If you do not already own a mobile telephone then there are mobiles for rent at Bangkok International Airport - Suvarnabhumi. They are not cheap and to be honest it would be much better if you have your own as you will be required to pay a deposit of around 20,000 THB for the phone and 5,000 THB deposit for call usage. Then each day of rental will cost you around 250 Baht per day if under 14 days or around 150 Baht per day for more than 15 days. Then you need to pay for the calls, which on average are around 6 Baht per minute for a local call, compared to around 3 Baht per minute if you buy a pre paid SIM card in Bangkok. Such phones can be rented from the arrivals hall of Terminal the airport and need to be returned to the same place.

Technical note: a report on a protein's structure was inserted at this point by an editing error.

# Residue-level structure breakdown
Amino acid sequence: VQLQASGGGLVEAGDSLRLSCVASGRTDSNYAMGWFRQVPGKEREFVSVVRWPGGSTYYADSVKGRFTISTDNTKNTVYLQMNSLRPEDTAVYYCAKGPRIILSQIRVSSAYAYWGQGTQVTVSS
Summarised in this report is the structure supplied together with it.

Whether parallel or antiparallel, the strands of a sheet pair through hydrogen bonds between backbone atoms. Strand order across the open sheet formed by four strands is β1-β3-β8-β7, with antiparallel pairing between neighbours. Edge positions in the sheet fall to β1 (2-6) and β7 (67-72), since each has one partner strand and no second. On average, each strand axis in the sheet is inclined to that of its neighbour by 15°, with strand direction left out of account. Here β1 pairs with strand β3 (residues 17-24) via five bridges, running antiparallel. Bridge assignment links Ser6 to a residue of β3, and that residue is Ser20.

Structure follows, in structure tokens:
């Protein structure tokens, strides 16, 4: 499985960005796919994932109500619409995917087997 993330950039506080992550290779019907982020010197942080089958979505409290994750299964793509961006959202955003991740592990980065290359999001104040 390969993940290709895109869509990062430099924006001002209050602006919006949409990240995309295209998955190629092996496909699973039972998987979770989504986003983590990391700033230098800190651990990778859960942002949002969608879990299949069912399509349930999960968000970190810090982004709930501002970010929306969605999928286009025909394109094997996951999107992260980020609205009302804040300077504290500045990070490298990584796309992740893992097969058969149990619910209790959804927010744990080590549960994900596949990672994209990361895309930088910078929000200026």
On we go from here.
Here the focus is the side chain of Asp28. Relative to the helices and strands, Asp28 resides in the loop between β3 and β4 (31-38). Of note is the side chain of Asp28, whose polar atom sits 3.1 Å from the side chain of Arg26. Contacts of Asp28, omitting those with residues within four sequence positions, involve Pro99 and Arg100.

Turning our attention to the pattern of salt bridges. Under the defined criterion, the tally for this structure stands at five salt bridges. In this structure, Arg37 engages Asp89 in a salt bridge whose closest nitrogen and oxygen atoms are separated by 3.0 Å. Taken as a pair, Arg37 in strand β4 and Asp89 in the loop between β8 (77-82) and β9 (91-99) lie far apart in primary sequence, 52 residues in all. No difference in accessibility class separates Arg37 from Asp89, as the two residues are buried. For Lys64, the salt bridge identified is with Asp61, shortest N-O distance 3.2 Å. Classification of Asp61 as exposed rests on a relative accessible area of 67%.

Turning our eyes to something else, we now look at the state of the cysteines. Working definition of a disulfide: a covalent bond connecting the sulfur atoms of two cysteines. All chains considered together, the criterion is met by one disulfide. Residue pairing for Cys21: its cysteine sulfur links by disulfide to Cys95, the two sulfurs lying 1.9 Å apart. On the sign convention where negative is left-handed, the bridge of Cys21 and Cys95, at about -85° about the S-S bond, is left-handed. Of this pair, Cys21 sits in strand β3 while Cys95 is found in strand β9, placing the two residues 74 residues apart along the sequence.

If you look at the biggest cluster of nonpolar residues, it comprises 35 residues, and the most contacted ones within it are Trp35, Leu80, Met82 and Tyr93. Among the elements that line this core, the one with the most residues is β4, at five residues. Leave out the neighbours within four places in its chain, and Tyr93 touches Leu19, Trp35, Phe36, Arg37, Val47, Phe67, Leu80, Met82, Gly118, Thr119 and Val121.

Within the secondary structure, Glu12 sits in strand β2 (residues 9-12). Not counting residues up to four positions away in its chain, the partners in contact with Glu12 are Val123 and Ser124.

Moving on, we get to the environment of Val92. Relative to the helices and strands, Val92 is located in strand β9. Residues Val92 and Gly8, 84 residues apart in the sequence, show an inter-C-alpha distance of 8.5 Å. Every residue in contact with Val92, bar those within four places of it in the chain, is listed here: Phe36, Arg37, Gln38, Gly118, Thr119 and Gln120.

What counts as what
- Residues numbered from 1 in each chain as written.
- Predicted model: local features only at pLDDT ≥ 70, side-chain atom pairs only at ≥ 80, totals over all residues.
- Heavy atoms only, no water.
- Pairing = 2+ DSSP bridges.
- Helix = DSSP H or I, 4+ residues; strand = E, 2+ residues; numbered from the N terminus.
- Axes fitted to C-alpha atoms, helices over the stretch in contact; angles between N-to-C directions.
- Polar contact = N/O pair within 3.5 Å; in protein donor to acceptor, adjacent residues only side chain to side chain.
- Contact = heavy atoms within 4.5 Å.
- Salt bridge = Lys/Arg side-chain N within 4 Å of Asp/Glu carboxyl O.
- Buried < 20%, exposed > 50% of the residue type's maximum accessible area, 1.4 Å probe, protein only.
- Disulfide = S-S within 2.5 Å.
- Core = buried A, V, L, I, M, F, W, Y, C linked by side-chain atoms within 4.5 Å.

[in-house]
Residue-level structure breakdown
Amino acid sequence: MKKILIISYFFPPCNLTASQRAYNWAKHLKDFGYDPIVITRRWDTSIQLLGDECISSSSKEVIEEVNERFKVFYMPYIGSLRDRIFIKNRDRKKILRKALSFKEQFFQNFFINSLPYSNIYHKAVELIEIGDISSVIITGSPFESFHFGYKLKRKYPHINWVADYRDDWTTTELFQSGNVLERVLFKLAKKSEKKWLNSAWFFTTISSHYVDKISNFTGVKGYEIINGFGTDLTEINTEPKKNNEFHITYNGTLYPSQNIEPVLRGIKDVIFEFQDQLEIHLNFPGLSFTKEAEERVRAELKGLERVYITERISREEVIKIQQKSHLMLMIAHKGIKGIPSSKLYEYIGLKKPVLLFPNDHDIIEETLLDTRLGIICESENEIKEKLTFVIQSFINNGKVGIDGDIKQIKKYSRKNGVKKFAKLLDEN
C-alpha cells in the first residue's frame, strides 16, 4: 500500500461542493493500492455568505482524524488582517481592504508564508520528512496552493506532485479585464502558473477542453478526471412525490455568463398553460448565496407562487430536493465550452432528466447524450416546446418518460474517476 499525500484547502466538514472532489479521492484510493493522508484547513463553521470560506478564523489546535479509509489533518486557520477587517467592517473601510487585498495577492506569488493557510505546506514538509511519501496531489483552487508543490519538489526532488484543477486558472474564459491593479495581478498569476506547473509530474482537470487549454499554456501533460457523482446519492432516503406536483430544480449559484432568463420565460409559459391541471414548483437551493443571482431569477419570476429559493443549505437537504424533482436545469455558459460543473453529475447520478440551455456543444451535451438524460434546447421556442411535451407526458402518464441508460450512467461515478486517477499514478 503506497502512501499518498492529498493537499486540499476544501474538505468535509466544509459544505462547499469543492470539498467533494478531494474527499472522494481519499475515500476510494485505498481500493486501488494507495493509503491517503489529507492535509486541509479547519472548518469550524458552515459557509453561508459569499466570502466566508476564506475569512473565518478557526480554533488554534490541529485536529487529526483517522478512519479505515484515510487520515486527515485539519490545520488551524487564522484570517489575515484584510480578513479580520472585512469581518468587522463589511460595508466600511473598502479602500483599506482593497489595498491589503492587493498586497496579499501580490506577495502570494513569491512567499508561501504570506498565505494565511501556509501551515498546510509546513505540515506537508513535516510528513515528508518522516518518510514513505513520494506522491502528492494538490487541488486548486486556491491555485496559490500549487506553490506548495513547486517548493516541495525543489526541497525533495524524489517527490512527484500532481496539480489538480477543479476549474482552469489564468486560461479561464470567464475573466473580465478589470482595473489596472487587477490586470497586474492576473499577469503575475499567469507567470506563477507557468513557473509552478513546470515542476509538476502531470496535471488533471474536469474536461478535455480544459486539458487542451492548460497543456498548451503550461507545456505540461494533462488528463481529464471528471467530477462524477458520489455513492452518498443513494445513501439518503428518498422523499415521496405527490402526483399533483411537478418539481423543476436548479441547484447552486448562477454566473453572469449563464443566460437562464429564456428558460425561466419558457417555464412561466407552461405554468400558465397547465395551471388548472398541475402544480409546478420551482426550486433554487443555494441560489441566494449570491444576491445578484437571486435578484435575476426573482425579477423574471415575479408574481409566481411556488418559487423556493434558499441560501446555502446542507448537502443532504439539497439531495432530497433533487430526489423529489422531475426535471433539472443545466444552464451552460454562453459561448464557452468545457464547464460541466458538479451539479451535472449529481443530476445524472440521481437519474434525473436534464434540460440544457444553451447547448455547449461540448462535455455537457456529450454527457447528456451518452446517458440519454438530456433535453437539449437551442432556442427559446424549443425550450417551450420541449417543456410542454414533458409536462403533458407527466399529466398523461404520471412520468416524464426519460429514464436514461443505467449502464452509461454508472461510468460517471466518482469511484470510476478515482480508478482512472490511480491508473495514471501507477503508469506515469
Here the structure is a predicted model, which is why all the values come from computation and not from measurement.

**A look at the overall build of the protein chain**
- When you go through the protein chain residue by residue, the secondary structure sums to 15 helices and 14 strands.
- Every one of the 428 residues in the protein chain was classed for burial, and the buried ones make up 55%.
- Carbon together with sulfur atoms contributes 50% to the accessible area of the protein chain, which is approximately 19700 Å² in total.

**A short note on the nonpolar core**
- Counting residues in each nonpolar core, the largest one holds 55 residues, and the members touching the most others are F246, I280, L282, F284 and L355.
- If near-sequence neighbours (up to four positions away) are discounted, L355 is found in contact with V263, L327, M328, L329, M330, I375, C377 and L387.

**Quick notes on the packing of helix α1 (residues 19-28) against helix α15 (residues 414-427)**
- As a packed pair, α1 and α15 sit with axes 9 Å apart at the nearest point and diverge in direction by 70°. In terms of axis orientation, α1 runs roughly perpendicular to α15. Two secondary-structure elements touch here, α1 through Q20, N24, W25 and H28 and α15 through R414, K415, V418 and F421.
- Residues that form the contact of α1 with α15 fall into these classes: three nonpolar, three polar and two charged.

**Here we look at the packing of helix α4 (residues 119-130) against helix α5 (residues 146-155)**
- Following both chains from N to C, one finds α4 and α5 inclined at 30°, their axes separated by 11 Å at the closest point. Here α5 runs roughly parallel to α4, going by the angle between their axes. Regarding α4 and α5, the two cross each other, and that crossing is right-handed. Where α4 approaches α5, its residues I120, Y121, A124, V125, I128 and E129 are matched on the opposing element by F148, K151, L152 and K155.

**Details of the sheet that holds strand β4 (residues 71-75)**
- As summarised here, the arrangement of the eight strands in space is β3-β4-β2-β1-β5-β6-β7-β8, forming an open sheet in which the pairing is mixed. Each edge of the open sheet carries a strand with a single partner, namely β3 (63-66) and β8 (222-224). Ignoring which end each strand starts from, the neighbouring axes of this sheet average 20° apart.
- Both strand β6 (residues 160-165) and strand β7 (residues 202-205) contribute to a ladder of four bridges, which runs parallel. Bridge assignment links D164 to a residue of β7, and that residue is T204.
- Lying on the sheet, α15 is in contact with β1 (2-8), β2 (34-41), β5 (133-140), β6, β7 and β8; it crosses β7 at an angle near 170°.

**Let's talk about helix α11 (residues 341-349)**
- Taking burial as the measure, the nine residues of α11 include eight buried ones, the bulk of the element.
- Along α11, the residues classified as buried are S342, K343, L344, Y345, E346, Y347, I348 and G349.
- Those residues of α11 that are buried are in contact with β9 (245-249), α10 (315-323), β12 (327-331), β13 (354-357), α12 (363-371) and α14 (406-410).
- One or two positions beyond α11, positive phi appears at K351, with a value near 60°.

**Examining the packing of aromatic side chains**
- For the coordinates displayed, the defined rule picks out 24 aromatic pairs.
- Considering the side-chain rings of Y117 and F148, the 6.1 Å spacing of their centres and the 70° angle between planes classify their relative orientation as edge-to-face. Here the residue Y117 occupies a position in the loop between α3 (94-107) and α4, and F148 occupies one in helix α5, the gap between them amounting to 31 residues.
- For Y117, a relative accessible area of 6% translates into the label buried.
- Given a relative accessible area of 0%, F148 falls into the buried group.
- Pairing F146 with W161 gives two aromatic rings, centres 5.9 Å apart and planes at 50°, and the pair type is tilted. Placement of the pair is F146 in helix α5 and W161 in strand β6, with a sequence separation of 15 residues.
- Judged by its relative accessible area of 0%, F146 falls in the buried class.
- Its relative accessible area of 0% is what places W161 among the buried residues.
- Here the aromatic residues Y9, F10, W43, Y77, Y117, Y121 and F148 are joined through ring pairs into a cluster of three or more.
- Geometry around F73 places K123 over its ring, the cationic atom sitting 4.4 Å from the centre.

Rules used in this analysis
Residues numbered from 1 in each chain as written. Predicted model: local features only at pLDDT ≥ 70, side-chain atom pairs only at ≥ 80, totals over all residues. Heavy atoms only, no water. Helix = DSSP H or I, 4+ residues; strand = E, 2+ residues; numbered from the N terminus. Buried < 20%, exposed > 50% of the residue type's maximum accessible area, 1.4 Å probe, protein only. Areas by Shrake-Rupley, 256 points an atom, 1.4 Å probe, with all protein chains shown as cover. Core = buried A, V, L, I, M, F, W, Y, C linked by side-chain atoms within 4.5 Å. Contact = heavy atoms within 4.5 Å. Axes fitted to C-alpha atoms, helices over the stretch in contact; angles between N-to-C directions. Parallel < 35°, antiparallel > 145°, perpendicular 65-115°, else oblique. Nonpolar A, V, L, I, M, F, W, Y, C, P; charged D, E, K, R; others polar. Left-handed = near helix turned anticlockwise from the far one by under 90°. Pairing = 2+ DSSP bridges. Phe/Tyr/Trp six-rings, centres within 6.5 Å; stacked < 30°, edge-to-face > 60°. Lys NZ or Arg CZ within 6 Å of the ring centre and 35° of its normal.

Mobile phones can be bought all over Bangkok and it is difficult to advise one shop over another as they all sell the phones at very similar rates. MBK does have a wide selection of small phone shops and main dealers too, but so does most malls and shopping centres. If you prefer to pay with a credit card then all the major shopping centres such as Siam Paragon, Central World, Central Chidlom etc have sell electronics such as phones, tvs, dvd players etc. Most manufacturers - htc, Nokia, Sony Ericsson, Apple, Samsung etc - also have many of their own direct outlets. Thus, most of you, will already have a mobile telephone so all you need to be able to do is make local calls without it costing you an arm and a leg, and to be able to offer your local customers or friends the ability to contact you on a local number while you run around Bangkok doing business or having fun.